People may be paying more for products based on their age or the color of their skin, White House officials fear.
Businesses are increasingly collecting vast amounts of data on consumer behavior and assembling detailed profiles on individuals. That data could lead companies — either intentionally or inadvertently — to discriminate against people in pricing, employment, housing, health care, or other opportunities, the White House said in a report Thursday.
John Podesta, a senior adviser to President Obama who led the “big data” review group that prepared the report, warned that new data-mining practices threaten to “circumvent long-standing civil-rights protections.”
The report urges government agencies to improve their technical expertise so they can better spot and crack down on illegal discrimination that relies on data collection.
Firms can track which products people buy, the websites they browse, the emails they read, and even their GPS location. That information can help target more relevant ads — such as a promotion for a horror film.
But the White House pointed to one study which found that people who search for “black-identifying” names are more likely to be shown ads with the word “arrest” than people who search for “white-identifying” names. Government services aimed at people using smartphone apps could disadvantage the poor or elderly (who are less likely to have smartphones), the officials warned in the report.
“‘Big data’ isn’t just a privacy issue — it’s also a civil-rights issue,” Seeta Peña Gangadharan, a senior research fellow with the New America Foundation, said in a statement applauding the White House report.
“New technologies enabling massive data collection and analysis promise many economic and practical benefits, but they also have a dark side, creating new risks of data-driven digital discrimination and the reinforcement of existing inequalities through automated decision-making.”
The report also reiterates the White House’s support for the “Privacy Bill of Rights” — a set of principles the White House outlined in 2012 for how online firms should handle personal information. The White House urged Congress to enact the principles into law at the time, but the issue has gone nowhere on Capitol Hill.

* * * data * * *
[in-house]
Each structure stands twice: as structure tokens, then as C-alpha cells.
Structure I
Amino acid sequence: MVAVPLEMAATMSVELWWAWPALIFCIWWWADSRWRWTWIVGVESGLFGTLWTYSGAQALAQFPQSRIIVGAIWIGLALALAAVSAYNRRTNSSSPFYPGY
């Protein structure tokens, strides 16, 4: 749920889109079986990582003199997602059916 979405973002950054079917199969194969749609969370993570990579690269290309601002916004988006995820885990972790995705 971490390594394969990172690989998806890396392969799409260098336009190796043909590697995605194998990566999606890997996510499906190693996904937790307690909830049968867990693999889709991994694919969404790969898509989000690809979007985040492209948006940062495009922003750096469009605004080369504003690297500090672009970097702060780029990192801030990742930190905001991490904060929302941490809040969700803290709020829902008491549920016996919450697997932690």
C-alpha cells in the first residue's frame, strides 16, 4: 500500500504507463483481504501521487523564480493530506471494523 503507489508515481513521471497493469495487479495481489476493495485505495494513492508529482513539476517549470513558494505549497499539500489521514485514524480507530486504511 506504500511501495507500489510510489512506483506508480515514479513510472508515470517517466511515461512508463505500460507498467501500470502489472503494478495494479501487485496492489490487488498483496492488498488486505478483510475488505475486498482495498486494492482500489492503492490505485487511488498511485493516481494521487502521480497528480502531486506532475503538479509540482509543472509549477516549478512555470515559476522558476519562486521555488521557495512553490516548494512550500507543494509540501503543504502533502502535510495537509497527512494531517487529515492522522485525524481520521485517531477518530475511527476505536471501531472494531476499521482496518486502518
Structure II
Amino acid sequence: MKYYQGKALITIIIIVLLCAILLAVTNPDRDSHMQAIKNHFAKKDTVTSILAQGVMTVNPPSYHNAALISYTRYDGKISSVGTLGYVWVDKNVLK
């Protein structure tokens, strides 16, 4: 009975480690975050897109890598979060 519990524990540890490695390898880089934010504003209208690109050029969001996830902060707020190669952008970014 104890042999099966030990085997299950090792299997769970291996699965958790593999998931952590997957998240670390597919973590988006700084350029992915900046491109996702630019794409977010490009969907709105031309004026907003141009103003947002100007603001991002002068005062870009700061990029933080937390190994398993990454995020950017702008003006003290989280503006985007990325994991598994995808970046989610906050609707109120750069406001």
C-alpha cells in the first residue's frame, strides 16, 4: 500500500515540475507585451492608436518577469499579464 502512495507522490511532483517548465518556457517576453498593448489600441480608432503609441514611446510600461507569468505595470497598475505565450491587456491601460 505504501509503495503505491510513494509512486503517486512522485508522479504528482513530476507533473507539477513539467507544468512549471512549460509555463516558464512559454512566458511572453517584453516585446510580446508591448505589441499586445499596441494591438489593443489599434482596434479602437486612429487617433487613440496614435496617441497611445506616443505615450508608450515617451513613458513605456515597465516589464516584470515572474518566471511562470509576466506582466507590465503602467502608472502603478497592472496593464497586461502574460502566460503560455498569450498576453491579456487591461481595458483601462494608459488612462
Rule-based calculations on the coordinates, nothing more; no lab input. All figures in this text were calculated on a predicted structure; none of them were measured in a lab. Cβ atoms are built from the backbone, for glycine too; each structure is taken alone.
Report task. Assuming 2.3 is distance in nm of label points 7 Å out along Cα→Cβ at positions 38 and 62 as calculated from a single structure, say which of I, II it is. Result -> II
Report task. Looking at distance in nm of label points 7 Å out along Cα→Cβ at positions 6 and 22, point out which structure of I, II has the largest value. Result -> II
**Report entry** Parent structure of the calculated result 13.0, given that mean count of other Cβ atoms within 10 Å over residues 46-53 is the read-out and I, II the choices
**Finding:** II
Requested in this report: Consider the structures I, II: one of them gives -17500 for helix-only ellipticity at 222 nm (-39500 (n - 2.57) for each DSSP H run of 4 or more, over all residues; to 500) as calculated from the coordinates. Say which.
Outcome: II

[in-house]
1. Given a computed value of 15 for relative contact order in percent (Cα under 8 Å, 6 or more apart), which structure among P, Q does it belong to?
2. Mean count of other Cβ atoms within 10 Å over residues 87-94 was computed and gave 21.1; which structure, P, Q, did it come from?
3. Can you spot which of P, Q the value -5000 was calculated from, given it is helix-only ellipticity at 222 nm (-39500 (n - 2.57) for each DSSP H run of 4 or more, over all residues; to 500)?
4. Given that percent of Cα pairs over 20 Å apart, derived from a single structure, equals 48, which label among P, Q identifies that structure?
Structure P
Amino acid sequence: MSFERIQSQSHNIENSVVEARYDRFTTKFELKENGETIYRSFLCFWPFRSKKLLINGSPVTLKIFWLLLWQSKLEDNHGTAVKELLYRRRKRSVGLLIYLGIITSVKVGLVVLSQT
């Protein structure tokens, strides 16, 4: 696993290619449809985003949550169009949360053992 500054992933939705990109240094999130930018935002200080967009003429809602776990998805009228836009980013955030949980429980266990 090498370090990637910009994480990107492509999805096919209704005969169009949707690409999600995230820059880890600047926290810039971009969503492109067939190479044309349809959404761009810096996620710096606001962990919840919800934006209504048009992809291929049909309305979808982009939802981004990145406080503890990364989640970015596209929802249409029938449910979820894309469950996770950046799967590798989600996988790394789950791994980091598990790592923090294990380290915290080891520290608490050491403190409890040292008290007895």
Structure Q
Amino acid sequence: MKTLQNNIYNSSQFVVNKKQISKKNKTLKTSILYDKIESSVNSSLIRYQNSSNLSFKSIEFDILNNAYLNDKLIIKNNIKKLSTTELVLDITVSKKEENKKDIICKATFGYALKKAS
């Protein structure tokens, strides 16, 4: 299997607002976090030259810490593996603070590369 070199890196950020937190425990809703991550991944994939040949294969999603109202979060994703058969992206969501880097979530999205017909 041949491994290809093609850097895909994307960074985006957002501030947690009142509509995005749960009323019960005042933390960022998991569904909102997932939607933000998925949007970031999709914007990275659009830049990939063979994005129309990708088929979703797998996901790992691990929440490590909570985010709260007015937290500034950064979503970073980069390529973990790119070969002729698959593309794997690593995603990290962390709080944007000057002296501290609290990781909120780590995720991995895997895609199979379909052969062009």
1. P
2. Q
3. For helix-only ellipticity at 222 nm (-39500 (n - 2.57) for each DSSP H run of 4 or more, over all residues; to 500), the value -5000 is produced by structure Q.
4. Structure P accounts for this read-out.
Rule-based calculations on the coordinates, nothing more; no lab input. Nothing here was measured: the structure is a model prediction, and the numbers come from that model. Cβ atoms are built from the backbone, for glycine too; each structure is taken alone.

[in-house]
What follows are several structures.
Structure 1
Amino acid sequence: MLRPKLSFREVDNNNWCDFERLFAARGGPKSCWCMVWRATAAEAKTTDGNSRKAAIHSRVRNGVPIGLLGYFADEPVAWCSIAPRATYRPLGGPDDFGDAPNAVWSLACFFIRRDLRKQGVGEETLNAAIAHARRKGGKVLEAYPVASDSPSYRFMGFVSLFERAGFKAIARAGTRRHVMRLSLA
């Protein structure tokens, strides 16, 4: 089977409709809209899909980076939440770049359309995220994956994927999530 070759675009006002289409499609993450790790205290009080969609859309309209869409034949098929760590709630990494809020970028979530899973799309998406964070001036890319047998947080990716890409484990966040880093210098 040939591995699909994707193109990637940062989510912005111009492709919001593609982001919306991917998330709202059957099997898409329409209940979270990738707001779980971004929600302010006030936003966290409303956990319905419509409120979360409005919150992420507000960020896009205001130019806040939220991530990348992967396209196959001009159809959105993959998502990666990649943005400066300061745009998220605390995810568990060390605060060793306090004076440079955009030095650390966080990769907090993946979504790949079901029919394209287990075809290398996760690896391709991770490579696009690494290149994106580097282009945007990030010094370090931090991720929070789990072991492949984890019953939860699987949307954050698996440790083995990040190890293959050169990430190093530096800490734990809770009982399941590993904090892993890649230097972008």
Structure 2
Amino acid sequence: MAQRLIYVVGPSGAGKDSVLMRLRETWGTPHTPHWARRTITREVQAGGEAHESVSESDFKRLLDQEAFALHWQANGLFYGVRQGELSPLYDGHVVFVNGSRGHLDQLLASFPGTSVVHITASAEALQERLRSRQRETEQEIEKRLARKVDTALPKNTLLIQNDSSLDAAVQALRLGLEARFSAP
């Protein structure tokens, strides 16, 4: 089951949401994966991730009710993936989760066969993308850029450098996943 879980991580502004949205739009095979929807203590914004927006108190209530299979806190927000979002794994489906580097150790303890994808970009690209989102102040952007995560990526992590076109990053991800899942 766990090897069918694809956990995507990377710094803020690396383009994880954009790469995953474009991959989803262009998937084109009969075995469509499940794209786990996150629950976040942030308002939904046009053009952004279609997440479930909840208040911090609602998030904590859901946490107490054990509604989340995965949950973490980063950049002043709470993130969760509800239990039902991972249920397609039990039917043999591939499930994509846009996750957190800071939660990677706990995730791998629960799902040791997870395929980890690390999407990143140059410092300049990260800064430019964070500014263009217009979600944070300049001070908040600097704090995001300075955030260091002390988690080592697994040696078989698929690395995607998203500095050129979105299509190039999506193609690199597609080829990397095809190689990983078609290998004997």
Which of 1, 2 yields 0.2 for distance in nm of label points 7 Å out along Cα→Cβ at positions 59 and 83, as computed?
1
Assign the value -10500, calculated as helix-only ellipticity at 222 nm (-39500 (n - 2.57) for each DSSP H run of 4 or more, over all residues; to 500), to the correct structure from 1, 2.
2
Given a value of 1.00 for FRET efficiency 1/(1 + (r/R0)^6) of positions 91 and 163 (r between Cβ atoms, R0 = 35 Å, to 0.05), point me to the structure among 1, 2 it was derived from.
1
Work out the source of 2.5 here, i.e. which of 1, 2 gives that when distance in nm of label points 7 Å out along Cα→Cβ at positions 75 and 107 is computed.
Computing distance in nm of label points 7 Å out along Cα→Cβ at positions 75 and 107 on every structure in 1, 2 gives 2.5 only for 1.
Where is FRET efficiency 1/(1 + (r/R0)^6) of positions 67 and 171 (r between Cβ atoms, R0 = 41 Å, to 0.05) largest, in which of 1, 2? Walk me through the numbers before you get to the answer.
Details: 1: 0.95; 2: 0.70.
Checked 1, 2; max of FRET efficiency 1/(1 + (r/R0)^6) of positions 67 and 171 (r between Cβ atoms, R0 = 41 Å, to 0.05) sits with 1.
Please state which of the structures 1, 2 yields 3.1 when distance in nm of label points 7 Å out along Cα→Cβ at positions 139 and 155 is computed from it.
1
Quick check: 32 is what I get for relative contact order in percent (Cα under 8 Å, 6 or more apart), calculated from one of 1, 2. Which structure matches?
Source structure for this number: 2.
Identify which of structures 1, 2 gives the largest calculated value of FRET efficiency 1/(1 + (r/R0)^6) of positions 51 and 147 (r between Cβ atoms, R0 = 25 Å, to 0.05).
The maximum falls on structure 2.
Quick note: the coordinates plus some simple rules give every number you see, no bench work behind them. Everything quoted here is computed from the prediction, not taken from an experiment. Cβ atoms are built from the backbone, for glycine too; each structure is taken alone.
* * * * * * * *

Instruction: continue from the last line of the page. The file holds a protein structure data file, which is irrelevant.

Commerce Secretary Penny Pritzker announced Thursday that her department will work with businesses and privacy groups to develop legislative language for the principles.
The Obama administration also announced plans to expand some federal privacy protections to people outside the United States. The Privacy Act of 1974 currently grants U.S. citizens rights to access certain information that the government collects about them.
But the review doesn’t address National Security Agency surveillance. Obama announced the review group of “big data” issues in the same speech in January when he outlined reforms to the NSA. Podesta explained that the president believed “big-data technologies had to be having an impact elsewhere.”
Although the White House is pushing for more privacy-protection laws, officials emphasized that the collection and use of large amounts of data can also lead to innovative new services and boost the economy.
For example, data can help doctors analyze and combat diseases or help scientists better understand climate change, the White House said.
“We begin by recognizing that the United States is a leader in the field of big data and we want to ensure that continues,” Pritzker said.
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With three days until the first debate, the polls are coming fast and furious. The latest round:
- An Associated Press/Gfk poll of registered voters found very few voters committed, with Clinton leading Trump, 37% to 29%, and Gary Johnson at 7%.
- A McClatchy-Marist poll gave Clinton a six-point edge, 45% to 39%, in a four-way ballot test. Johnson pulls 10% support, with Jill Stein at 4%.
- Rasmussen, which has drawn criticism for continually showing Donald Trump doing much better than he does in other polls, is at it again. A new survey gives Trump a five-point lead, 44%-39%.
In contrast to Hillary Clinton's meticulous debate practice sessions, Donald Trump "is largely shunning traditional debate preparations, but has been watching video of…Clinton’s best and worst debate moments, looking for her vulnerabilities.” Trump “has paid only cursory attention to briefing materials. He has refused to use lecterns in mock debate sessions despite the urging of his advisers. He prefers spitballing ideas with his team rather than honing them into crisp, two-minute answers.”
Donald Trump "is on the precipice of becoming the only major-party presidential candidate this century not to reach out to millions of American voters whose dominant, first or just preferred language is Spanish. Trump has not only failed to buy any Spanish-language television or radio ads, he so far has avoided even offering a translation of his website into Spanish, breaking with two decades of bipartisan tradition."
Bill and Hillary Clinton have purchased the home next door to their primary residence in tony Chappaqua, New York, for $1.16 million. "By purchasing the new home, the Clinton's now own the entire cul-de-sac at the end of the road in the leafy New York suburb. The purchase makes it easier for the United States Secret Service to protect the former president and possible future commander in chief."